Recent protests in China over strict zero-covid policies made headlines across the globe because of their rarity and intensity. However, missed in much of the coverage were public protests of foreign migrant workers, who have been particularly impacted by the zero-covid policy, including being subject to lengthy quarantine and detention measures. According to one report, those facing detention have included “migrant groups [consisting] of undocumented illegal border crossers and people who overstayed six-day tourist visas to work. Some had lost their jobs during recent outbreaks of coronavirus and were trying to return to Myanmar when authorities arrested them.”
Some of the protests that have received attention took place in the Haizhu district in the southeast province of Guangdong, a centre of textile production and of numerous factories. After the number of infections in Guangzhou surged, the government put Guangzhou under curbs mandated under the country’s Covid policy. Neighbourhoods with high infection rates become sealed off from the rest of the area, preventing residents who had been placed in quarantine stations from reaching their homes after their release. Some Chinese migrant workers from surrounding provinces were ordered to return to their provinces; however, the lack of public transport and dire financial situation have reportedly made it impossible for many to return, leaving them stranded on the streets.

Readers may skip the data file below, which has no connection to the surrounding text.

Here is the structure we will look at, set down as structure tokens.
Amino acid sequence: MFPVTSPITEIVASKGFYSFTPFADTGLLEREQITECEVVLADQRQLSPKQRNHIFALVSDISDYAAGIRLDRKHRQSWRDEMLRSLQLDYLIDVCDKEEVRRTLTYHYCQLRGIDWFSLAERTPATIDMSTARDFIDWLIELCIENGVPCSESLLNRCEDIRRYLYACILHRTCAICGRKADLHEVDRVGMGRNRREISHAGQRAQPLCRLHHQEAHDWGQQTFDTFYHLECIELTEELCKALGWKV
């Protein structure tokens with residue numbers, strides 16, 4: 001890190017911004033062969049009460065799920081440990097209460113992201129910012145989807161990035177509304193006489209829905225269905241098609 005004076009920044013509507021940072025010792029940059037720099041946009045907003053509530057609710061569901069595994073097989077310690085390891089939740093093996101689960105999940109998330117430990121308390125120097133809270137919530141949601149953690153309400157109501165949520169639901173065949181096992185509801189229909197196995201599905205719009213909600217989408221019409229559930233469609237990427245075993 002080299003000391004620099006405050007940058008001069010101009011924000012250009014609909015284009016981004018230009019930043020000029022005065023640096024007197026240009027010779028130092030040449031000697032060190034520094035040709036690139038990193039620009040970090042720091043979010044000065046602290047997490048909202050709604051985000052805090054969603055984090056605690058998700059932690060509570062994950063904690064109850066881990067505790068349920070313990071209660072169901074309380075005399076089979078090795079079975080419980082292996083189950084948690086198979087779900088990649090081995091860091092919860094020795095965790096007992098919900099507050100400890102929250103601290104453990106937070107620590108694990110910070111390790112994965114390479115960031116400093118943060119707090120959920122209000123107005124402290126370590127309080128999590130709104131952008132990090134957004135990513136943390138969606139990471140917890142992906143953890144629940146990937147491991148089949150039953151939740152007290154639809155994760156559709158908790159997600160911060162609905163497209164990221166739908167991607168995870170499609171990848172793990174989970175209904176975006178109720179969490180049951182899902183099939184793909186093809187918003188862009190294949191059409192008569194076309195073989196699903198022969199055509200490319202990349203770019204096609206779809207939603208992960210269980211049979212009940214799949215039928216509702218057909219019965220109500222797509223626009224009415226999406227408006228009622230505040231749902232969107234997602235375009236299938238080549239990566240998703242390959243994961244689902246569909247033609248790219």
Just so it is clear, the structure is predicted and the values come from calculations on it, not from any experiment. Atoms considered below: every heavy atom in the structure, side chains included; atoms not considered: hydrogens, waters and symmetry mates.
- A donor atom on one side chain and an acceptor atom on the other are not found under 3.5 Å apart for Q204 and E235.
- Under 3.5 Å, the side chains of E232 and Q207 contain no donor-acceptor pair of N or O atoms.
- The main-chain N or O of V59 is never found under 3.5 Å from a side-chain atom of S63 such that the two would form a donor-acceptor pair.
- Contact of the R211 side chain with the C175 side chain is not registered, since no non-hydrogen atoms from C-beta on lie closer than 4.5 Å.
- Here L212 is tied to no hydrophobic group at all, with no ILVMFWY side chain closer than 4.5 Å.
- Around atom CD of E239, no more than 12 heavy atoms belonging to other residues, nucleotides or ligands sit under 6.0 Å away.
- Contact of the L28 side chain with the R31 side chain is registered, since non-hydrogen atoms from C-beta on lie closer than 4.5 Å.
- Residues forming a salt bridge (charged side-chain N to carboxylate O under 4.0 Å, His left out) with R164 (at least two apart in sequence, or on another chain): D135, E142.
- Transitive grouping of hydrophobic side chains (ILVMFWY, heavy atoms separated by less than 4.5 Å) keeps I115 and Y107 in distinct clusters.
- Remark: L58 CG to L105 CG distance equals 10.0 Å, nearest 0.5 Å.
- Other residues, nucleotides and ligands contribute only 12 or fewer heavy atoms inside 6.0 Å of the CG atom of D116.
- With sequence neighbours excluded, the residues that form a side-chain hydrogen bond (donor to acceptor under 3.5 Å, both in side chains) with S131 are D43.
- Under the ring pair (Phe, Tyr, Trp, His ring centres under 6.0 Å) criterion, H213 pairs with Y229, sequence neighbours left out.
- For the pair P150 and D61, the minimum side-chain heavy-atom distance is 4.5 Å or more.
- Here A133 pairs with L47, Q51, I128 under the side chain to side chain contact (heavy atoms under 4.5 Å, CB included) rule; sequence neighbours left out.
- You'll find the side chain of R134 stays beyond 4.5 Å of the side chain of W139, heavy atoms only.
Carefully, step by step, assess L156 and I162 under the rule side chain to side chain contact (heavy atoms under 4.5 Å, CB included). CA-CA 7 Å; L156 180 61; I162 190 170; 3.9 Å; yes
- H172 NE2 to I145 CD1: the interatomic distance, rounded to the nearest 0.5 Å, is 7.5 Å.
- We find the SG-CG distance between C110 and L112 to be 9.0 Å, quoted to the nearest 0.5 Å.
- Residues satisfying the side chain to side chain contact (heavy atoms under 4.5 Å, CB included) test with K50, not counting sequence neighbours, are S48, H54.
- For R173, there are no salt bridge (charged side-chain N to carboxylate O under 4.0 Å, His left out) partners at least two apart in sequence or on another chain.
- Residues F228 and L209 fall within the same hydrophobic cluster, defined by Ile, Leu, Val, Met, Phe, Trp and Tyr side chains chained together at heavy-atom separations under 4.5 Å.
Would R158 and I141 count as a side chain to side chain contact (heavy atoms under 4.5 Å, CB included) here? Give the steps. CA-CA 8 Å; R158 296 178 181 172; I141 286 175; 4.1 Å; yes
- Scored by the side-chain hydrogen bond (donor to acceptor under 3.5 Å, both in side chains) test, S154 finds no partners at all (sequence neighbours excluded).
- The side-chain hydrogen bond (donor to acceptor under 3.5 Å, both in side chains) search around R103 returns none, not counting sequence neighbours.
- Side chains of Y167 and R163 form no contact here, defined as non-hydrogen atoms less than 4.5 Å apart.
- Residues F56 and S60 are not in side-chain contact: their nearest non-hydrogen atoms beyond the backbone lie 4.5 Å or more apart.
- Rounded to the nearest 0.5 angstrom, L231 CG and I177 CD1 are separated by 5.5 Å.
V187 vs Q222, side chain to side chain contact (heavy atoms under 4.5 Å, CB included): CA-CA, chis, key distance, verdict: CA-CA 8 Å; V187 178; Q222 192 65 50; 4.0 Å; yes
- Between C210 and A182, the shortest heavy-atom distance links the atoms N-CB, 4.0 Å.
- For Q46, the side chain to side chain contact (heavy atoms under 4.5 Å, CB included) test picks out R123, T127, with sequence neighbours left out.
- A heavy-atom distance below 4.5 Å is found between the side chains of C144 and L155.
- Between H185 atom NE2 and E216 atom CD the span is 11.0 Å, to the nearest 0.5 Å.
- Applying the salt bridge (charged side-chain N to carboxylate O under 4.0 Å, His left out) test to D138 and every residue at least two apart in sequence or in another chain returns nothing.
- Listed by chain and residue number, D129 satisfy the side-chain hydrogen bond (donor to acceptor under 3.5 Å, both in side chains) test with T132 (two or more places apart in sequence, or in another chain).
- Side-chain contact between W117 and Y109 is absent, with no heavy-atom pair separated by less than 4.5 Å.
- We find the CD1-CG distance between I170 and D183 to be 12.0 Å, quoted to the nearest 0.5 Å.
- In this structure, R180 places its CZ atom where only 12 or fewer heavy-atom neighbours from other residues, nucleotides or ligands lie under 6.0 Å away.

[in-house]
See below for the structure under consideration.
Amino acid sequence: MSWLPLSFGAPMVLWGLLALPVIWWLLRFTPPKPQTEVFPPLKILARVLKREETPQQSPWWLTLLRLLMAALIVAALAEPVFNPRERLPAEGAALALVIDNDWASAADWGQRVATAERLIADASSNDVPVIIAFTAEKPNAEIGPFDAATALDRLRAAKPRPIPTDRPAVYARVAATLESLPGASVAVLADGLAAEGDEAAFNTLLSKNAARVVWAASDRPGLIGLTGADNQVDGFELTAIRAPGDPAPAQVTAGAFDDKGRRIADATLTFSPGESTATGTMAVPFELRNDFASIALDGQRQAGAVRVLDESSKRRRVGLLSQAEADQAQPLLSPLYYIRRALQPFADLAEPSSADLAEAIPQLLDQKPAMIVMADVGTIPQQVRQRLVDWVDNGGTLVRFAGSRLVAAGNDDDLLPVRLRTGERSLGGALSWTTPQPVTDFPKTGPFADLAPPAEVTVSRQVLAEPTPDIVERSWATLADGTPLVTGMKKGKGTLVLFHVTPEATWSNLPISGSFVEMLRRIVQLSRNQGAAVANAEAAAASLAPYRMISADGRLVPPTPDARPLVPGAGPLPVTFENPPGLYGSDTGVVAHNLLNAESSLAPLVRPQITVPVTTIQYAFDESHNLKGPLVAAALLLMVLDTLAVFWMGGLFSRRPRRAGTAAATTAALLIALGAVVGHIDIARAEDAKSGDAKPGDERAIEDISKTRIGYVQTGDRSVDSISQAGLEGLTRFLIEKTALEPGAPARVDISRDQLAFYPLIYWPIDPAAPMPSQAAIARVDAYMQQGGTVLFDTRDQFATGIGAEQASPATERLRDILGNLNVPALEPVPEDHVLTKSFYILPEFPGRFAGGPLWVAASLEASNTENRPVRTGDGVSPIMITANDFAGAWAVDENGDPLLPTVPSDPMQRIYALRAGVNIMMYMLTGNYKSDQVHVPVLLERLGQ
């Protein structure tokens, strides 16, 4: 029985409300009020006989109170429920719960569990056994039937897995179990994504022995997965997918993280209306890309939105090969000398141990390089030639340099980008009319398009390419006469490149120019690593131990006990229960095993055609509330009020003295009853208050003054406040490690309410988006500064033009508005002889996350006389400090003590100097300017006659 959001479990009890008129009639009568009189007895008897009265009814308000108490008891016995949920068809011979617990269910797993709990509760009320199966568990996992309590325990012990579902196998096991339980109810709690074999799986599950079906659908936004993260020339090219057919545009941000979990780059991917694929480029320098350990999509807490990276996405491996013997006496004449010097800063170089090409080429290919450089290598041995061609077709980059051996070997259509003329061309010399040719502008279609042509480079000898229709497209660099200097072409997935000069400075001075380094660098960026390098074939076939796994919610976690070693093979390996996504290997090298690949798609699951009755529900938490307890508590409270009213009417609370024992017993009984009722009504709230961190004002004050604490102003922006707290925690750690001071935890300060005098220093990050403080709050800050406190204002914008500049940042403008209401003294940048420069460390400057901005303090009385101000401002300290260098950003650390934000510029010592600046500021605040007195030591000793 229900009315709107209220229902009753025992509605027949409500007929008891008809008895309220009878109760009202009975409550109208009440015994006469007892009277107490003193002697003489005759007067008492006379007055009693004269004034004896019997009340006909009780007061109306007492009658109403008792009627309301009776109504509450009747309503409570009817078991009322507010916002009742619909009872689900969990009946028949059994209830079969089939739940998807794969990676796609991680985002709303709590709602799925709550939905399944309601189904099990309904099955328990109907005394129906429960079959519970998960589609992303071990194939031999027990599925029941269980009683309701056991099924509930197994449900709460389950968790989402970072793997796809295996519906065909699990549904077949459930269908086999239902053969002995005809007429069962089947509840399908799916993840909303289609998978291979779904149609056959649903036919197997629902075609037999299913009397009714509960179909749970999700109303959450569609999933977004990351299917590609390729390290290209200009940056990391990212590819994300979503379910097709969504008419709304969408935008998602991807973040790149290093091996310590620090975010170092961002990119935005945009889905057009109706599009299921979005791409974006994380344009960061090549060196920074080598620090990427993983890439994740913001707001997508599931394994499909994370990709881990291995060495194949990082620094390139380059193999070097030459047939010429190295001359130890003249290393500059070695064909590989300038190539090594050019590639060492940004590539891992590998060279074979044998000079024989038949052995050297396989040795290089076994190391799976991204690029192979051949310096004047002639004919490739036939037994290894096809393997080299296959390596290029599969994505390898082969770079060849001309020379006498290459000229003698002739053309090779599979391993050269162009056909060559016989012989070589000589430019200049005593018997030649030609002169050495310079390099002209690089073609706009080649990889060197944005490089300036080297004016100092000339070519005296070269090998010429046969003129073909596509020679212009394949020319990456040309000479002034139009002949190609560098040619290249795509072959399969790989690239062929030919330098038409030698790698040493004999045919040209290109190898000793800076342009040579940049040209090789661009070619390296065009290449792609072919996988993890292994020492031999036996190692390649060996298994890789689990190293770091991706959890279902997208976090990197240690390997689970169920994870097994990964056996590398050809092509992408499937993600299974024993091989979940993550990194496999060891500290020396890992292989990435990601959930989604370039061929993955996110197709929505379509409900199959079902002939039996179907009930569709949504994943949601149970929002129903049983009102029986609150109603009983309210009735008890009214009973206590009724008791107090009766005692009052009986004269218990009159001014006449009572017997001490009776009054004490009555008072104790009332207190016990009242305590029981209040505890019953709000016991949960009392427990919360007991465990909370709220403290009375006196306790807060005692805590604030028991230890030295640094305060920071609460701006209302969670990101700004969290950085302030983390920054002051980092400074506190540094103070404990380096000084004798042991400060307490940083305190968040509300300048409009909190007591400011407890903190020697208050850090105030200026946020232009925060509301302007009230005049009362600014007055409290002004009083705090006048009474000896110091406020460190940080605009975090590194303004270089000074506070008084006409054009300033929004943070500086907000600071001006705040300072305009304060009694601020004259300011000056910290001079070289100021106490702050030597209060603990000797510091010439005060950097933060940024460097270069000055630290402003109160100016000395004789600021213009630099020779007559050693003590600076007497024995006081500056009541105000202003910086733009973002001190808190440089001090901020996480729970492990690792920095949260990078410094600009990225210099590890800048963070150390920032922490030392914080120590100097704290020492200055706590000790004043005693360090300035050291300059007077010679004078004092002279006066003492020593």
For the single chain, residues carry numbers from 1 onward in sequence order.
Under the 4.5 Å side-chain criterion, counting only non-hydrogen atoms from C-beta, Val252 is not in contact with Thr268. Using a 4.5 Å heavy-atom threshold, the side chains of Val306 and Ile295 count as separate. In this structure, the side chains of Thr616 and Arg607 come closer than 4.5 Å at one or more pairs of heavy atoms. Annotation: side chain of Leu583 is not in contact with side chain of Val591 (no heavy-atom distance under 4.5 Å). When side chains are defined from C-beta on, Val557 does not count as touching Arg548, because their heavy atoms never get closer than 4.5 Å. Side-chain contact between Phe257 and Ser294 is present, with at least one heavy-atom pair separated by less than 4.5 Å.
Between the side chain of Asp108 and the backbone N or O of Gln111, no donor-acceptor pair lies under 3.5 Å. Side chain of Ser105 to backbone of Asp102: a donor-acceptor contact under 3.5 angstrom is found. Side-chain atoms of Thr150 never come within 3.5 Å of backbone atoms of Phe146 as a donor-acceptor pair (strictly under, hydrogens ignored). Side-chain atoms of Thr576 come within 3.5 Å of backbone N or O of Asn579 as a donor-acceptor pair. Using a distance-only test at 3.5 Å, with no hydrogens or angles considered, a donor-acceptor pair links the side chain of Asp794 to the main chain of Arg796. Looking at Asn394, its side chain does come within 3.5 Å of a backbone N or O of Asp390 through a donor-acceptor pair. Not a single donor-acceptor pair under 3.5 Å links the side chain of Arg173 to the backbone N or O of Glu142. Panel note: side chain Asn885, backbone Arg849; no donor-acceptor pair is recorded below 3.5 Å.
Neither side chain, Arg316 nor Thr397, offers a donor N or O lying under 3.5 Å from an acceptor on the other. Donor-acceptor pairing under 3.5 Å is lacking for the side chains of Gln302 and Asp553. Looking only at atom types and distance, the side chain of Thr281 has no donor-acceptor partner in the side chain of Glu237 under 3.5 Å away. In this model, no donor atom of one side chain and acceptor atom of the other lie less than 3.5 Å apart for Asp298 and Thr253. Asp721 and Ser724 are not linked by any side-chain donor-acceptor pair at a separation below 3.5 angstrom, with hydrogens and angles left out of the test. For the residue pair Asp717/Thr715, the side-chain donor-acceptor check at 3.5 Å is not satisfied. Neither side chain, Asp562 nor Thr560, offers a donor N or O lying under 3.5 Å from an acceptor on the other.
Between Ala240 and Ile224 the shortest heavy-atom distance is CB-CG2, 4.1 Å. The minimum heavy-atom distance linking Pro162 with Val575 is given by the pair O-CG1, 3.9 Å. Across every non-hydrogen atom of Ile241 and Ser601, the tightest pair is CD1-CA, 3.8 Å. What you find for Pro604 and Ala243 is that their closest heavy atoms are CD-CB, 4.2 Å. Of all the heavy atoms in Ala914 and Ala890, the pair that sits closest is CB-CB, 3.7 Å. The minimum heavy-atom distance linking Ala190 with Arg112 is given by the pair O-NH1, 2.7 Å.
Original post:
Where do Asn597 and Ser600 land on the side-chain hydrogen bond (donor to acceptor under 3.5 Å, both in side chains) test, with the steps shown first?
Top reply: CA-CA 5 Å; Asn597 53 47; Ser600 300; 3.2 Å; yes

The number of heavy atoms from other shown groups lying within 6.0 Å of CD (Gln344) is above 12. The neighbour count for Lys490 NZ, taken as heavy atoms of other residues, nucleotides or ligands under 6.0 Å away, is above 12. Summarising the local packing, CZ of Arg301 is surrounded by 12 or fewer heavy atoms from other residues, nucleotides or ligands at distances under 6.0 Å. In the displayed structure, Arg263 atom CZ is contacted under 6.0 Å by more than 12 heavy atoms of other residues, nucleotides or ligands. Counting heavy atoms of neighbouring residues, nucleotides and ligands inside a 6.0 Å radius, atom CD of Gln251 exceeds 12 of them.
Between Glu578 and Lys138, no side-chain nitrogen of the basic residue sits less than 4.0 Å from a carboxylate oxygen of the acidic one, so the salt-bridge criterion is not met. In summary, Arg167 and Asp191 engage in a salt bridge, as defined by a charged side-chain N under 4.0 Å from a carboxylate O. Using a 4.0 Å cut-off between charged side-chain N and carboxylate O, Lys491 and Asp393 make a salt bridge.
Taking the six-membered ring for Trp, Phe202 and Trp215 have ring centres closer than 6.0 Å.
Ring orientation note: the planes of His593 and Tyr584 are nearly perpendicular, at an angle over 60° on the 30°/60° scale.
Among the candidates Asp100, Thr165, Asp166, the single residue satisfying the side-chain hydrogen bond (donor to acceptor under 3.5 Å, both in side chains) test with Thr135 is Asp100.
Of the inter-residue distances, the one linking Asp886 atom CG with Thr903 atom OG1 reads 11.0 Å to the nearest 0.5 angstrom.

The situation facing undocumented migrants who come from outside China is made even more traumatic due to the threat of arrest and detention. Although the government recognises the need for non-citizen labour forces, it has cracked down on the numbers of undocumented migrant workers since the onset of COVID. Radio Free Asia (RFA) reported in May 2022 that as part of this crackdown, more than 1,000 Myanmar migrant workers were being held in incommunicado detention in various detention centres, including in Guangdong.